Finding Budget hotels and accommodation in Berlin
A bit more budget than most
Free entertainment down at Mauerpark
Finding budget accommodation in Berlin
All year round Berlin is bursting at the seams with artists, musicians and assorted creative people and you can be sure that most are not paying high-rates in expensive hotels but have figured out the city's best-kept secret, that there is plenty of budget accommodation to be found. Here are some of the tips that I've picked up from my friends since I moved here.
Renting a furnished apartment
Buying property in many parts of Berlin is absurdly cheap in comparison with most other capital cities in Europe. This has attracted a huge number of young people who have bought a small one or two bedroom apartment partly as an investment but also as a place to stay while in Berlin. The odds are that not many are making money on the deal. Most are still waiting for property prices to rise and and that may yet take a while. So many of the owners are leasing their flats and apartments out cheaply to try to cover their costs. That means there there is more than enough choice for people looking for budget lodgings.
There is a huge selection of furnished flats. Quite what that means will vary from one to the other but many are done up in clean new furniture from Ikea while others will have an interesting and eclectic assortment of tables, chairs and toasters picked up at Berlin's many flea-markets.
There are a couple of choices to finding them. The cheapest is to look at free online lists (Craig's is one) or if you are already in Berlin, in the local papers. One should be able to find a nice one-bedroom or studio for €400-€600 a month. My first flat had two lovely sunny rooms (the kitchen and lounge were all in one) with a small balcony for €650 a month in Friedrichshain, a trendy neighborhood in the old east of the city. It was right on one of the most popular streets, Simon Dach Strasse, which is filled with buzzing bars, cafes and restaurants. What was the downside - I was on the fifth floor in a building with no lift.
If you are just visiting for a couple of days you would be able to find something similar for €30-€40 a night. Then your best bet might be to use an online agency to help you find a flat. The best have listings online with pictures of the flats, prices and an easy booking system that tells you when they are free. The only snag is that in Berlin the tenant pays the agent's fee. So if you are planning to stay for a couple of months then you can end up shelling out a large commission. Check out listings that are described as provisonsfrei , which is the German word for commission-free.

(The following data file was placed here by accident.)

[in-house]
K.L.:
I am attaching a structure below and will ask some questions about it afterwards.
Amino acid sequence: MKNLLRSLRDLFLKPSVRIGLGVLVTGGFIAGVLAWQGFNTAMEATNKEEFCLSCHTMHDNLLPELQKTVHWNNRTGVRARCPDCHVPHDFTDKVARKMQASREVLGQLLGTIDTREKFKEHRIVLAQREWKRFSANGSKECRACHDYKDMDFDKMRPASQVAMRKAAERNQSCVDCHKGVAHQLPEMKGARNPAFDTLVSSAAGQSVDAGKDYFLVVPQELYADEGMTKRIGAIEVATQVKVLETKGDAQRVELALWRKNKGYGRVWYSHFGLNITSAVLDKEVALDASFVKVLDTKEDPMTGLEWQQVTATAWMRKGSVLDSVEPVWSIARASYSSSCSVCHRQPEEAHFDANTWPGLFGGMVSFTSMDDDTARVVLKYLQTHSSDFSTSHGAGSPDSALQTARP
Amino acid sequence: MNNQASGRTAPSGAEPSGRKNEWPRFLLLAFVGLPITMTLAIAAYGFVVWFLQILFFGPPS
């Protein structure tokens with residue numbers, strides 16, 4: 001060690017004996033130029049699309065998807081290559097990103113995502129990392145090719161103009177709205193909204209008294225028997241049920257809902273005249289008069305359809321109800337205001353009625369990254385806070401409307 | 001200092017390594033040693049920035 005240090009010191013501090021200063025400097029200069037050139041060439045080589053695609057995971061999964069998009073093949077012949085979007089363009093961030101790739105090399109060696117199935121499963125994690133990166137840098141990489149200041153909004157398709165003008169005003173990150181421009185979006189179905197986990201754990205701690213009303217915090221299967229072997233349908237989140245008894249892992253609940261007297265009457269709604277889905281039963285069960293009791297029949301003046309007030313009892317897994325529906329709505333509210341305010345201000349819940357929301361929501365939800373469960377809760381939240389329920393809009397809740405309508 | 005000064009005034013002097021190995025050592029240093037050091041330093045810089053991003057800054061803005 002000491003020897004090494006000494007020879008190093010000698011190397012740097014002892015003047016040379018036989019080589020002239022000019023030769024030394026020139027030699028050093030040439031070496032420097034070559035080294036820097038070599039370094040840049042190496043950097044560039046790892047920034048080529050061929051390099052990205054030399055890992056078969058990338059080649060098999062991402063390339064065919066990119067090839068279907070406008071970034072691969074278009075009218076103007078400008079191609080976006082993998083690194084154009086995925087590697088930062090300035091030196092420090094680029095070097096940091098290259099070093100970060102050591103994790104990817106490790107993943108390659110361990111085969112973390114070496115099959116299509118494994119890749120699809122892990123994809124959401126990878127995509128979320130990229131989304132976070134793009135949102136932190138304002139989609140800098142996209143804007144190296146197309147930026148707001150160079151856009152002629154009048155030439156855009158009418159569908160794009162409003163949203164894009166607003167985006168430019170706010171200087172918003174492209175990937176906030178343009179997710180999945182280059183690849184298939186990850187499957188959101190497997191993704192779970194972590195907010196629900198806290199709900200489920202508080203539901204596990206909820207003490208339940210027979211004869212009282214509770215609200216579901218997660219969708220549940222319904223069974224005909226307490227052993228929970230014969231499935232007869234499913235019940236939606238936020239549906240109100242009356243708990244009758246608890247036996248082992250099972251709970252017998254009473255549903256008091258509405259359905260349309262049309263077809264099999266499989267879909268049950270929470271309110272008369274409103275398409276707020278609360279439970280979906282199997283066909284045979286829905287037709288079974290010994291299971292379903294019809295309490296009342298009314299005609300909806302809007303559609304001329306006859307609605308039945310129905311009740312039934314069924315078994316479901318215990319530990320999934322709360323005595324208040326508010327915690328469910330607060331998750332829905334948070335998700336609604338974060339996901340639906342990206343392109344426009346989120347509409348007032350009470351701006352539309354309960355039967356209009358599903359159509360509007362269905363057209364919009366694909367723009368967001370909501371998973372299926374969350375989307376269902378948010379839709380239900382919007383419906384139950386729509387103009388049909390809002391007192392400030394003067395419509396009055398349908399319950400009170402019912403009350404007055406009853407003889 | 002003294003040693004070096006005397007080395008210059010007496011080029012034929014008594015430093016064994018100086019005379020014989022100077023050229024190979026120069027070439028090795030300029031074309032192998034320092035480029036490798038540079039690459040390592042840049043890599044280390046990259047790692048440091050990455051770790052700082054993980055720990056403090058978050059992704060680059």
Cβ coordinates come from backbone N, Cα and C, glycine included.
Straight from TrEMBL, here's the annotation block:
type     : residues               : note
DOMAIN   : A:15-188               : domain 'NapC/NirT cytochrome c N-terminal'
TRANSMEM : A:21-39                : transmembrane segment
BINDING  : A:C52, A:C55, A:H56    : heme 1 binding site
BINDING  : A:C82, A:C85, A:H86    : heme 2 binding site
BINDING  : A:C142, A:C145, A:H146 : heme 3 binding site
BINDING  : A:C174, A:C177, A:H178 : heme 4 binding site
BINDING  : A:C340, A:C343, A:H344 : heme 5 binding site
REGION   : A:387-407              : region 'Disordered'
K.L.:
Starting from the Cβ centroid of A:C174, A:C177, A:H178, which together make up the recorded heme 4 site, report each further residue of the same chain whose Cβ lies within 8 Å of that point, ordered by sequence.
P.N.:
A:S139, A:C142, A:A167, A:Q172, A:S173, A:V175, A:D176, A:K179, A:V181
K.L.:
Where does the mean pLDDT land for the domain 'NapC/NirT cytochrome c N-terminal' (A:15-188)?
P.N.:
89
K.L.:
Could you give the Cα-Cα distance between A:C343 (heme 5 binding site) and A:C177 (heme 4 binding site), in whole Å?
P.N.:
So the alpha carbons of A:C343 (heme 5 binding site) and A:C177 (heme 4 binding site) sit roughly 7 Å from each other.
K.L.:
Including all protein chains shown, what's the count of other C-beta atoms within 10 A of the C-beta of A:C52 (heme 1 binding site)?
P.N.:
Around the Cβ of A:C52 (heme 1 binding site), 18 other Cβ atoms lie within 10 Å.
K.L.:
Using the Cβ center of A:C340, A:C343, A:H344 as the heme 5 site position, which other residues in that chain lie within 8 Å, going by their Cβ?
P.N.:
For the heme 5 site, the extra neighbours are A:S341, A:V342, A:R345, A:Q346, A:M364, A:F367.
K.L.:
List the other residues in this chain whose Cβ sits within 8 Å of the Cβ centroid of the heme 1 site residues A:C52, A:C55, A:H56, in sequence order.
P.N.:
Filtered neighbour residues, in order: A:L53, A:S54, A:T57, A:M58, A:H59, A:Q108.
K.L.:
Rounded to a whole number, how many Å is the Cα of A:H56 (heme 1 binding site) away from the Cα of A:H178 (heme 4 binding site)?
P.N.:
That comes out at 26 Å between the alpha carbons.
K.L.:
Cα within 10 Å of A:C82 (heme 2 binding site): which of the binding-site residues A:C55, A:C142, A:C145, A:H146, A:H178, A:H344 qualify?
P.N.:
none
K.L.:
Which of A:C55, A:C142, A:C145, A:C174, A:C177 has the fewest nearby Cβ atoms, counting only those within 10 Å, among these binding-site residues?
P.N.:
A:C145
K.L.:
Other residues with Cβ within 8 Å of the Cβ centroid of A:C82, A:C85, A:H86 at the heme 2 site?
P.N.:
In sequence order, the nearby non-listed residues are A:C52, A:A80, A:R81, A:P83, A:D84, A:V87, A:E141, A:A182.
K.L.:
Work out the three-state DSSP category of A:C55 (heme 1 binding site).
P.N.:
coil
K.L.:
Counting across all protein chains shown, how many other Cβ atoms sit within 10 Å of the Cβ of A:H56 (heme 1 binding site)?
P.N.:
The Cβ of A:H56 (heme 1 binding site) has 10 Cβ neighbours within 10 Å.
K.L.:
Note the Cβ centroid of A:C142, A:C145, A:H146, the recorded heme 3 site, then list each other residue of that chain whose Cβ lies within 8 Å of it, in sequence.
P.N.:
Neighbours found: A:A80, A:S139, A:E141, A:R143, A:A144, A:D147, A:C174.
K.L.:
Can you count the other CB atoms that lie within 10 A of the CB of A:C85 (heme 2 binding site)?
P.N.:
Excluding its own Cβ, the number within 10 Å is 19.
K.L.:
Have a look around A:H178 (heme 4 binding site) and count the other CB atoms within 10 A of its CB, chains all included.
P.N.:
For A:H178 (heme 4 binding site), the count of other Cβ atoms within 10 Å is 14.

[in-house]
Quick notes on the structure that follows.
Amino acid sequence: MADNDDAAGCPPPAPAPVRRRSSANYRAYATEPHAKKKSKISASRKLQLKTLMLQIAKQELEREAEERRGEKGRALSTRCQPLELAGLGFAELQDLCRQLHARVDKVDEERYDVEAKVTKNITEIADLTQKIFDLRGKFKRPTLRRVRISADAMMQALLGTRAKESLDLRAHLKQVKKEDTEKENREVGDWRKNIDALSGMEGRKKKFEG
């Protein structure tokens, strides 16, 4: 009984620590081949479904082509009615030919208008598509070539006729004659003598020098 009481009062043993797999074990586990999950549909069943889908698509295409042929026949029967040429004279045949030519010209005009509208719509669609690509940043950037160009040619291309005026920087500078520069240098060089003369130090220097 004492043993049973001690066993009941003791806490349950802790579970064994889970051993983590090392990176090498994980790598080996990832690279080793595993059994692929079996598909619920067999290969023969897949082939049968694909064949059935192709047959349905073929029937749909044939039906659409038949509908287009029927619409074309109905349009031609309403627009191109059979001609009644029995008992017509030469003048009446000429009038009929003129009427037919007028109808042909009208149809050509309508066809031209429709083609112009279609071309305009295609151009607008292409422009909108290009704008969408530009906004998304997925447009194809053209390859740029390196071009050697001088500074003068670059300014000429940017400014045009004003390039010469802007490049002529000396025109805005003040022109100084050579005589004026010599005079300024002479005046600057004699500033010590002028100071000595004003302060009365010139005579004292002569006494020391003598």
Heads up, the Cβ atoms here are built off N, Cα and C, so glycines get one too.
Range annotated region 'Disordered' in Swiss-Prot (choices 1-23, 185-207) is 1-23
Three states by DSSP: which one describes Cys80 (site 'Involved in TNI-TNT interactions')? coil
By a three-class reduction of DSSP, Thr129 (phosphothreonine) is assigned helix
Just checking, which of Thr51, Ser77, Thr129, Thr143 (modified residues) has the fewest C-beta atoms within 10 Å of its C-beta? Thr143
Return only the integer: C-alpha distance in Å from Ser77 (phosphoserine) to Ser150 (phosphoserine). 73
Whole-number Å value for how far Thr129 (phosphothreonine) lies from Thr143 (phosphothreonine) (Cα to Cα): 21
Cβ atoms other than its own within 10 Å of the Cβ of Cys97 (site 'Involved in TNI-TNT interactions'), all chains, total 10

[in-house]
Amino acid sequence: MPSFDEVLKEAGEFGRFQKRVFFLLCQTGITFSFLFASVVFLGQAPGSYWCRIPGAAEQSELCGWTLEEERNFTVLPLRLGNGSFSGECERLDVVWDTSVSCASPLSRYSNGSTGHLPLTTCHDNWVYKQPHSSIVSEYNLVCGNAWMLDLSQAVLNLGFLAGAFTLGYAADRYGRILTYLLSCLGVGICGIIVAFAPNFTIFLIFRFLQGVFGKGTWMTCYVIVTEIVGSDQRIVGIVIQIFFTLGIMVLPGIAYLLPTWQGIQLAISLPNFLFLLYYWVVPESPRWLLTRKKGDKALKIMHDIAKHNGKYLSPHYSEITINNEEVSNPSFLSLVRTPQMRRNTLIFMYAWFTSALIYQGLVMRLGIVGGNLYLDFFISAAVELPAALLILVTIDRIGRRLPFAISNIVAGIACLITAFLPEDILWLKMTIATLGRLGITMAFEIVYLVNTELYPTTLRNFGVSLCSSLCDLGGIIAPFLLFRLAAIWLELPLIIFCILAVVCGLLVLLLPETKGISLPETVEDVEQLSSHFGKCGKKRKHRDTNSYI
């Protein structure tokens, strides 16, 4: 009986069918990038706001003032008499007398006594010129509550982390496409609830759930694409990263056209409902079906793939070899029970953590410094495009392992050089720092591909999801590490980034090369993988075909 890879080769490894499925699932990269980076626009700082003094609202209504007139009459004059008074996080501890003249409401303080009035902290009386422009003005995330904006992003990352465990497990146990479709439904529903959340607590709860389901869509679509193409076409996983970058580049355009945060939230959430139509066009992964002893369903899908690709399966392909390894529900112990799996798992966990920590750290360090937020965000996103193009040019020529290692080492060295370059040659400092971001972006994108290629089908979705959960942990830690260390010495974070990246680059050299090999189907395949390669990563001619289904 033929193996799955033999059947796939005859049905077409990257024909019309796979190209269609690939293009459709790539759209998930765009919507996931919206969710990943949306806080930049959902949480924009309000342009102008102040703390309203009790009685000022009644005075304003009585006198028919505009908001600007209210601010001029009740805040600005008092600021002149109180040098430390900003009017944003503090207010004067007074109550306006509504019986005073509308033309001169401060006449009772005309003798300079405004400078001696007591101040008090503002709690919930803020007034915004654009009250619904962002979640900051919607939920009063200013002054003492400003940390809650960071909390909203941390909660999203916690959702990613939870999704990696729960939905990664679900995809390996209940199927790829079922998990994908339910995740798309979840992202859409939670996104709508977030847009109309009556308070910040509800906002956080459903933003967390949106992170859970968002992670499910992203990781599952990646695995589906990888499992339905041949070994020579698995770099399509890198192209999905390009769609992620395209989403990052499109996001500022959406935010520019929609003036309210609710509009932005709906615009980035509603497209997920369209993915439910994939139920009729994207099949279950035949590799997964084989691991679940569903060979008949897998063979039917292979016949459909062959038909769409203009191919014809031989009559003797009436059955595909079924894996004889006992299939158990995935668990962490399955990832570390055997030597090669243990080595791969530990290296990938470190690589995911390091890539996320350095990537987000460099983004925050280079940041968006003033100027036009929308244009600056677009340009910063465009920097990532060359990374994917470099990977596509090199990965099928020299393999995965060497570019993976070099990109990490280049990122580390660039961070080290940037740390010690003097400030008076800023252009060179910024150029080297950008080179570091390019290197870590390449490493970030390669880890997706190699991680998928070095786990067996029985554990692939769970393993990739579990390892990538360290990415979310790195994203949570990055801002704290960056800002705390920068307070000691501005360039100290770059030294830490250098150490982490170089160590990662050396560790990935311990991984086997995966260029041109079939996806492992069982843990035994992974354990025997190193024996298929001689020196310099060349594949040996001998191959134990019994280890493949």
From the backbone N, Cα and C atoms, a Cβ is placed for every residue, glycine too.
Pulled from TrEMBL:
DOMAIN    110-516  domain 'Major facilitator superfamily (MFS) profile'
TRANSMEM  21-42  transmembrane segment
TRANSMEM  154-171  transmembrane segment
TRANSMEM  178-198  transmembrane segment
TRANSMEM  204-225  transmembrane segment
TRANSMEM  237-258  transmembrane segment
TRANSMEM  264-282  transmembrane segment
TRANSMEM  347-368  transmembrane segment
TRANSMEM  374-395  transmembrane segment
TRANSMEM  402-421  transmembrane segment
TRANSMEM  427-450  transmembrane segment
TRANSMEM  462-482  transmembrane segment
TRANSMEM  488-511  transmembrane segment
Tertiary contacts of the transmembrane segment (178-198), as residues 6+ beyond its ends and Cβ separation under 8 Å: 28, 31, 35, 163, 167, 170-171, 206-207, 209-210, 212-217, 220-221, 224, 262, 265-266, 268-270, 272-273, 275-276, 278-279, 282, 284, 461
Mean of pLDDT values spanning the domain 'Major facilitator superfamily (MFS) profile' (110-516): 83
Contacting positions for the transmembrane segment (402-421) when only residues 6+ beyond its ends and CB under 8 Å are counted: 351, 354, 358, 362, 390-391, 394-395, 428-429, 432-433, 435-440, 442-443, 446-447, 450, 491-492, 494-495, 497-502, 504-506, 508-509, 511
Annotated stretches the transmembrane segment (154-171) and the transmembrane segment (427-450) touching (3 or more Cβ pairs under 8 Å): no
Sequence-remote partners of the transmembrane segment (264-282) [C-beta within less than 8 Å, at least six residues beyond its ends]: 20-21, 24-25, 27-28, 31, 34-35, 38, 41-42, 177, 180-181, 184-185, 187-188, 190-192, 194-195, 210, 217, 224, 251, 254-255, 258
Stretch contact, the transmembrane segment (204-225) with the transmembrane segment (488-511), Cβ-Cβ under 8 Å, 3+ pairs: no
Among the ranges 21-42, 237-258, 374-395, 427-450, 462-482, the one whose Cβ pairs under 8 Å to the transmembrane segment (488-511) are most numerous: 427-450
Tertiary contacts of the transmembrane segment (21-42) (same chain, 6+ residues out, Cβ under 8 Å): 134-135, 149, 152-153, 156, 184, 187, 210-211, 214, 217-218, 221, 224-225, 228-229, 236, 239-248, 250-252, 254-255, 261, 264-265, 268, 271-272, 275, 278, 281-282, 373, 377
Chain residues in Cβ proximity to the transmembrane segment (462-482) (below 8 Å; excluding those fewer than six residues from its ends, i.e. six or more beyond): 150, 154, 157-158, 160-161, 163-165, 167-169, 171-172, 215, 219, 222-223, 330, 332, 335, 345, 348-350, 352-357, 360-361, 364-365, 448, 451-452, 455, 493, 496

Business apartments and boarding houses
Another option that is cheaper (and, I think, nicer) than a soulless hotel is to use a business apartment or boarding house. These are usually found in the center of Berlin (called Mitte) and come in sizes ranging from studios up to ones with two or three bedrooms. They also come with stoves, coffee machines and fridges so you can cook your own meals. These usually cost upwards of €80 a night, but can comfortably sleep 4 adults so it is not a bad budget option for a group of friends. Some will also throw in a light breakfast as part of the deal. When coming to Berlin on business I used one called Flowers Boarding house in Mitte. It is also on a funky street right in the fashionable shopping district. Its also one I recommend to friends who want a nice place for a couple of days without any hassle.
I'm not sure if these are a step up or down as the price can vary considerably (some glorified hostels) with single rooms starting at about €50 and doubles for about €70 in nice parts of town. If you are willing to stay in a dormitory then the price falls to about €20 a person. There is no shortage of these, the rooms are clean and they usually have bars with Wifi and serve a light breakfast.
Discounts on luxury hotels
During quite times of the year, and even on many weekends, you can get a good deal on a 4 or 5 star hotel. Many are aimed mainly at getting business travelers and empty out over weekends and some holidays. Call around or check websites for specials. Even if nothing is listed you can often knock 20-30% off the price by asking for a discount before you book. The oppose is also true, however. These places will jack up their prices if there is a big conference in town.
More tips on cutting the cost of lodging
- Stay in slightly less trendy neighborhoods. Prices in cool areas like Mitte, Prenzlauer Berg and now even Friedrichshain have climbed quite a bit in recent years. People looking for cheaper places to sleep are having to look in Kreuzberg, Neukoeln or Wedding.
- Stay on an upper floor in a building without an elevator - this can easily make a really nice flat 20-30% cheaper than a similar one lower down.
- Look for a sublet. Many residents in Berlin hang onto their flats because rent controls mean the price won't rise. So those who are traveling or studying abroad will often be very happy to arrange a sublet to someone staying for a few weeks or months.
I really hope these tips help you find budget accommodation or a cheap hotel and that this will encourage you to visit or even stay in Berlin.
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